8:18am Tue 17 Dec 13

StillPav says...

So the council cannot afford to empty our bins, but they can afford 100 grand on this vanity project?
So the council cannot afford to empty our bins, but they can afford 100 grand on this vanity project? StillPav

8:58am Tue 17 Dec 13

Hmmmf says...

Antonio Lorusso wrote:
this could almost be a fine example of how you preserve what you value by putting your money where your mouth is and buying it, not using the nimby's favorite tactic of screwing developers through appeals to politicians and the planning laws

You do understand that planning laws were created and are designed precisely to prevent the need for ordinary people to have to buy land to protect it from greed and unfettered, unprincipled, and uncontrolled development, don't you?
You do understand that the Town and Country Planning Act is intended to provide environmental protection as well as controlled, sustainable development, and that local objection to development is not only perfectly lawful, but being a vital part of the planning process, expected and invited?
I ask because your post suggests you do not (or perhaps you do, and have a vested interest in unregulated development).
[quote][p][bold]Antonio Lorusso[/bold] wrote: this could almost be a fine example of how you preserve what you value by putting your money where your mouth is and buying it, not using the nimby's favorite tactic of screwing developers through appeals to politicians and the planning laws[/quote] You do understand that planning laws were created and are designed precisely to prevent the need for ordinary people to have to buy land to protect it from greed and unfettered, unprincipled, and uncontrolled development, don't you? You do understand that the Town and Country Planning Act is intended to provide environmental protection as well as controlled, sustainable development, and that local objection to development is not only perfectly lawful, but being a vital part of the planning process, expected and invited? I ask because your post suggests you do not (or perhaps you do, and have a vested interest in unregulated development). Hmmmf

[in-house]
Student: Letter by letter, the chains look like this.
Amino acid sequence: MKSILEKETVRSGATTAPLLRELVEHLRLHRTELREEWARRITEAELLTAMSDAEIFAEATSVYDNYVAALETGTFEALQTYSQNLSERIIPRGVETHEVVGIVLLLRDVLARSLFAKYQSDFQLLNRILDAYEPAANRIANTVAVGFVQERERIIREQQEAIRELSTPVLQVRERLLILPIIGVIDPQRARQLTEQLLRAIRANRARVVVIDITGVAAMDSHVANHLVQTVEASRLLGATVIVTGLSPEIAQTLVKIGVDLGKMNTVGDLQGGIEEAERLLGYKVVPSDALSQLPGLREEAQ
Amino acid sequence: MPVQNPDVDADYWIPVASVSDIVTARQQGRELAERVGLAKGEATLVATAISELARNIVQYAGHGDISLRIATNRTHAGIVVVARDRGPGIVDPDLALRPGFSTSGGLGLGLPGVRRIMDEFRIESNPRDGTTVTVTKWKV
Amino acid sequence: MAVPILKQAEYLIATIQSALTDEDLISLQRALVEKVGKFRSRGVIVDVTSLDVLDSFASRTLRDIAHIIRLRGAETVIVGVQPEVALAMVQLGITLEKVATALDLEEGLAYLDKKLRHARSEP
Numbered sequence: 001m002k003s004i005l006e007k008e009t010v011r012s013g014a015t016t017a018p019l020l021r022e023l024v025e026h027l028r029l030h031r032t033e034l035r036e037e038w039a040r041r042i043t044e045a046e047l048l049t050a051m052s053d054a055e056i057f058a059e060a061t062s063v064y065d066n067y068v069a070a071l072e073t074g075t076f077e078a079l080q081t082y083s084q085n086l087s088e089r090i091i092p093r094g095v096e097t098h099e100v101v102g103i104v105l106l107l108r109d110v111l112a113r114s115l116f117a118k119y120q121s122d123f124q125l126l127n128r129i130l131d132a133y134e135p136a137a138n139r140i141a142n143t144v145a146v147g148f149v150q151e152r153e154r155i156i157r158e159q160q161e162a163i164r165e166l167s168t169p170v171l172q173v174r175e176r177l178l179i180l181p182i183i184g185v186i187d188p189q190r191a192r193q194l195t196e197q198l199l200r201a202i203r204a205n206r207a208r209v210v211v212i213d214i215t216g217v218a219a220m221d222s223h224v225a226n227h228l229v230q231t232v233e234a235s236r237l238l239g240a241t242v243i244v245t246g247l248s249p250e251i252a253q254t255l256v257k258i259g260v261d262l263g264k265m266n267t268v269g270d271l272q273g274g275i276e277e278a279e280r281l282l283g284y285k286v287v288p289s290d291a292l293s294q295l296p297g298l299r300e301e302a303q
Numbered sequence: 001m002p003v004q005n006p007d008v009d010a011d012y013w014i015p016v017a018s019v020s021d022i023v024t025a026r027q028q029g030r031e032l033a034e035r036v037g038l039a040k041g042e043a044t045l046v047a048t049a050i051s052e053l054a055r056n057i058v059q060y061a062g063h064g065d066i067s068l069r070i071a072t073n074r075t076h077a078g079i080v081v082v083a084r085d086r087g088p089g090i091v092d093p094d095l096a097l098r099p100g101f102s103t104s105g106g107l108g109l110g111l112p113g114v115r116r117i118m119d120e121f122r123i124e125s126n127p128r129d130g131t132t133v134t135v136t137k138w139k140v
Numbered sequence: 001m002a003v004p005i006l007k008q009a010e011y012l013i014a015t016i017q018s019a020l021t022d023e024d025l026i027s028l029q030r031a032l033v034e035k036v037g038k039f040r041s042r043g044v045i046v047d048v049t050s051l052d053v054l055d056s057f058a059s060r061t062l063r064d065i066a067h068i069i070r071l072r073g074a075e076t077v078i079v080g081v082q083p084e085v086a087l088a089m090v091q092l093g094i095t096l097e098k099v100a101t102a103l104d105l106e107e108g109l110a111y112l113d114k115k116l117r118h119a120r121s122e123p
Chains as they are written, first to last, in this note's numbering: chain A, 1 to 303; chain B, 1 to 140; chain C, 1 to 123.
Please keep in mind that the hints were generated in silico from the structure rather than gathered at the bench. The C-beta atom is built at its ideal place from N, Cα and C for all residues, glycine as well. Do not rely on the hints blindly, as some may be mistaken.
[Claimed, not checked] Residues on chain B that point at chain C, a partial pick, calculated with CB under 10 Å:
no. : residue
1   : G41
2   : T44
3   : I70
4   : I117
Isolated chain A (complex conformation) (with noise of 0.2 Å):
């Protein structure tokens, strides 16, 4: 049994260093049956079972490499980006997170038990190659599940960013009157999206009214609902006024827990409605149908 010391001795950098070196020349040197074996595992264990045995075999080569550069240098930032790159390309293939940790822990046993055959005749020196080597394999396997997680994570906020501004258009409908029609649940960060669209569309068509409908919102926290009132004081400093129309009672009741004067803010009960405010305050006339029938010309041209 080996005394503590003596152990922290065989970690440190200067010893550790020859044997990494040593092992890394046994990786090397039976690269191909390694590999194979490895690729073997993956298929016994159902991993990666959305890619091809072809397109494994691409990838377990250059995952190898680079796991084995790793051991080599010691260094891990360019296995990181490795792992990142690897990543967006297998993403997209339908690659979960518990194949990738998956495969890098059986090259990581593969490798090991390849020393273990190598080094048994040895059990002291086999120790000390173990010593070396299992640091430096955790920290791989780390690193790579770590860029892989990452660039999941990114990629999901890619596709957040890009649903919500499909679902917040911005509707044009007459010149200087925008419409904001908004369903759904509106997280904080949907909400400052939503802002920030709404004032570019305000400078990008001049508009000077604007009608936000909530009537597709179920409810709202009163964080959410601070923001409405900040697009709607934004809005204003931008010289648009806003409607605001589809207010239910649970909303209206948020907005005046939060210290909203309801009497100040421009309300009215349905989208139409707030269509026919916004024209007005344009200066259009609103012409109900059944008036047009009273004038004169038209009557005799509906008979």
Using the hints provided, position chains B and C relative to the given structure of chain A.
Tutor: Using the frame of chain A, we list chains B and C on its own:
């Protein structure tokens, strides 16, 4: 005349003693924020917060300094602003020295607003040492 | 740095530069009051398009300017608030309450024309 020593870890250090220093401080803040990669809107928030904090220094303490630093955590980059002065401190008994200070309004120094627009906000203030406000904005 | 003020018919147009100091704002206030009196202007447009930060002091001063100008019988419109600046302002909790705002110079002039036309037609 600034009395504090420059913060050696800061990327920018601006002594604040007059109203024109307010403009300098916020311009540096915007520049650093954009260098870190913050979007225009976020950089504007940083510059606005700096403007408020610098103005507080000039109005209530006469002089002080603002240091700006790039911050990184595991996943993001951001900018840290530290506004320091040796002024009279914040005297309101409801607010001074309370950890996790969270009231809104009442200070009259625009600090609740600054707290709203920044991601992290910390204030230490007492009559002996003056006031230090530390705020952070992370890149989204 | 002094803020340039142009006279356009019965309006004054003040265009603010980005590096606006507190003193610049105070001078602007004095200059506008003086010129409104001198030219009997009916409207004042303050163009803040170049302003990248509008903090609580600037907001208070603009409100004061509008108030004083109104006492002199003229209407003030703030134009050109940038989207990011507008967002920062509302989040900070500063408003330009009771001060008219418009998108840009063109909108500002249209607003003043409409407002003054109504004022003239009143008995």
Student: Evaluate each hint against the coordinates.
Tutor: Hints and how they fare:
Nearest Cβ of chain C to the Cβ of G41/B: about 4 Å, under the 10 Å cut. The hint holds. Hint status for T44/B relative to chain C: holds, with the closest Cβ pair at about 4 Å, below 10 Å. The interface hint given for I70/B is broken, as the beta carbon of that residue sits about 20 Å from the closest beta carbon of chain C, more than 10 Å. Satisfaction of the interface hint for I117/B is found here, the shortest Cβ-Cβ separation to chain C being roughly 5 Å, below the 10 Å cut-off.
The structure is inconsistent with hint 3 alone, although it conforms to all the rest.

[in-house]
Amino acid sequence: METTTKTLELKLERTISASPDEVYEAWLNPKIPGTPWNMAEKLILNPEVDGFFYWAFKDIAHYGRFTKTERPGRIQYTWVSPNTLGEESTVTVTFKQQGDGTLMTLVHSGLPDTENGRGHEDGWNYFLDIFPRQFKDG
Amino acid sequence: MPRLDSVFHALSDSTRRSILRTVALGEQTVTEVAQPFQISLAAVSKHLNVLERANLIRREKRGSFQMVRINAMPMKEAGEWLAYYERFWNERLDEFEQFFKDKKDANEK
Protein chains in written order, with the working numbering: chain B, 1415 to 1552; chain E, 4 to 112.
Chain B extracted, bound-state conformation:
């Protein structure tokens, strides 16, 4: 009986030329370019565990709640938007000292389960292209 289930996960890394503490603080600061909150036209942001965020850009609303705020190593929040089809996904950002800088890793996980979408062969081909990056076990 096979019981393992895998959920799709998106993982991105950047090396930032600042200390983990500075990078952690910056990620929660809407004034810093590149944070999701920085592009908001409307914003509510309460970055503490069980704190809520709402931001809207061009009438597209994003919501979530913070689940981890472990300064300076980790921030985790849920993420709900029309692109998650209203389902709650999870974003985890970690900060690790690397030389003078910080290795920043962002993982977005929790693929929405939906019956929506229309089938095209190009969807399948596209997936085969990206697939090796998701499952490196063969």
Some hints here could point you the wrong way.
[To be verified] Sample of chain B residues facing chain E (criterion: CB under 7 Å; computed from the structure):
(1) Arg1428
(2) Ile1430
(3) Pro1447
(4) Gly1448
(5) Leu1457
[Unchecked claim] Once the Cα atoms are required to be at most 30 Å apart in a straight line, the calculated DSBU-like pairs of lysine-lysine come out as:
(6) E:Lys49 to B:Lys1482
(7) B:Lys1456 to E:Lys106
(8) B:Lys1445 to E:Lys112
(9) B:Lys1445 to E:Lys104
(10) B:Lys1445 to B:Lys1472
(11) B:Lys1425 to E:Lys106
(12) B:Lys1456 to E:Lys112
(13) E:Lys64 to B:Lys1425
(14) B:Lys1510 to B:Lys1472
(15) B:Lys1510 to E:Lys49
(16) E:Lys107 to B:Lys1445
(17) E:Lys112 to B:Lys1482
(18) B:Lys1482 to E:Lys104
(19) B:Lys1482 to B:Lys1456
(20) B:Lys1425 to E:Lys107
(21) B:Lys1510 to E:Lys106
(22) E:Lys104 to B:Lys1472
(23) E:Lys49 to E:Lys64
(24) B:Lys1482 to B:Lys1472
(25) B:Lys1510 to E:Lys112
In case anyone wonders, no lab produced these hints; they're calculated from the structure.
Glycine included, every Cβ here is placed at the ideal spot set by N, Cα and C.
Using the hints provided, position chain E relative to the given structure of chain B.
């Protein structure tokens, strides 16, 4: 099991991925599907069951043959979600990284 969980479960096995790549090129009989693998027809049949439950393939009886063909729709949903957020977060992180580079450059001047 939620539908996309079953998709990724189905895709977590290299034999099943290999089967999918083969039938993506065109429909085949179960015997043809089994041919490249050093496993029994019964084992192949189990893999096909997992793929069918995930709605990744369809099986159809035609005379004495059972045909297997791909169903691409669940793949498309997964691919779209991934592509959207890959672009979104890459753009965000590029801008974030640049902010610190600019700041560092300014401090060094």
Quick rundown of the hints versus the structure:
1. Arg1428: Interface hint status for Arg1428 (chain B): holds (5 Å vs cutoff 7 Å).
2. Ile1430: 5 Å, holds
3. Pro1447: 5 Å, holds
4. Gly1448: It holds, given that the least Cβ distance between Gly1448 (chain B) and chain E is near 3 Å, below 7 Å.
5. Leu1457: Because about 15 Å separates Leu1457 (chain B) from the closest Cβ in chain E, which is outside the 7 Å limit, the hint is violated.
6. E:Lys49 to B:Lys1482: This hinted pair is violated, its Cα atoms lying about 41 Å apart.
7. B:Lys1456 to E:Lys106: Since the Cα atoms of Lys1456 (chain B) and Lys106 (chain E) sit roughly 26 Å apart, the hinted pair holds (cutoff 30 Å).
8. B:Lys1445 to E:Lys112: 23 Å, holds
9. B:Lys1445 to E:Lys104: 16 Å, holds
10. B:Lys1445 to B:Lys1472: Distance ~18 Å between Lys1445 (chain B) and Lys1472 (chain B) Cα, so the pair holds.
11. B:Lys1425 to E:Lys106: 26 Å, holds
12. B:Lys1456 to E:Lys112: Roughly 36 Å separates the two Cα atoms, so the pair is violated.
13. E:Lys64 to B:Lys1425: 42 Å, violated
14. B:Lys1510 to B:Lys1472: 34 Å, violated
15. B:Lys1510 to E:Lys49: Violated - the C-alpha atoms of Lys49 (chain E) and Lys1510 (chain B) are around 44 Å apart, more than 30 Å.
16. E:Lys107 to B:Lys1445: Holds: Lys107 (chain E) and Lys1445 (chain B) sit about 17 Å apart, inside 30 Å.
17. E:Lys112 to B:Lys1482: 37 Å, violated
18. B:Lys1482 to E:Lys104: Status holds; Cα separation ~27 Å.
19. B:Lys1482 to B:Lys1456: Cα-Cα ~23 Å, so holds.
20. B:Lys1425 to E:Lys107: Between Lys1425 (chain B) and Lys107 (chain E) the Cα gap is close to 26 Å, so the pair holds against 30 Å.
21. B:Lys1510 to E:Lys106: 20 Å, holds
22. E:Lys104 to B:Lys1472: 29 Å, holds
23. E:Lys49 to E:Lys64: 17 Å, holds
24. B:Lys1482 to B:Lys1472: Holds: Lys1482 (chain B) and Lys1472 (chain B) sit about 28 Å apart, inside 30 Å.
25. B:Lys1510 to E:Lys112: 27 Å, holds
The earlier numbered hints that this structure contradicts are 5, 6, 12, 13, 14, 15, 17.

11:56am Tue 17 Dec 13

StillPav says...

Actually, this is very strange. The whole area is surrounded by fields. How is buying a small 45 acre plot going to prevent development south of Wroughton? Are SBC going to buy up every farmers field that comes onto the market?

Maybe the Adver could do some digging to find out who owns this land and whether they are related to the "campaign" for it to be purchased.
Actually, this is very strange. The whole area is surrounded by fields. How is buying a small 45 acre plot going to prevent development south of Wroughton? Are SBC going to buy up every farmers field that comes onto the market? Maybe the Adver could do some digging to find out who owns this land and whether they are related to the "campaign" for it to be purchased. StillPav

12:01pm Tue 17 Dec 13

house on the hill says...

StillPav wrote:
Actually, this is very strange. The whole area is surrounded by fields. How is buying a small 45 acre plot going to prevent development south of Wroughton? Are SBC going to buy up every farmers field that comes onto the market?

Maybe the Adver could do some digging to find out who owns this land and whether they are related to the "campaign" for it to be purchased.
Digging to find out owns the land, very funny!
[quote][p][bold]StillPav[/bold] wrote: Actually, this is very strange. The whole area is surrounded by fields. How is buying a small 45 acre plot going to prevent development south of Wroughton? Are SBC going to buy up every farmers field that comes onto the market? Maybe the Adver could do some digging to find out who owns this land and whether they are related to the "campaign" for it to be purchased.[/p][/quote]Digging to find out owns the land, very funny! house on the hill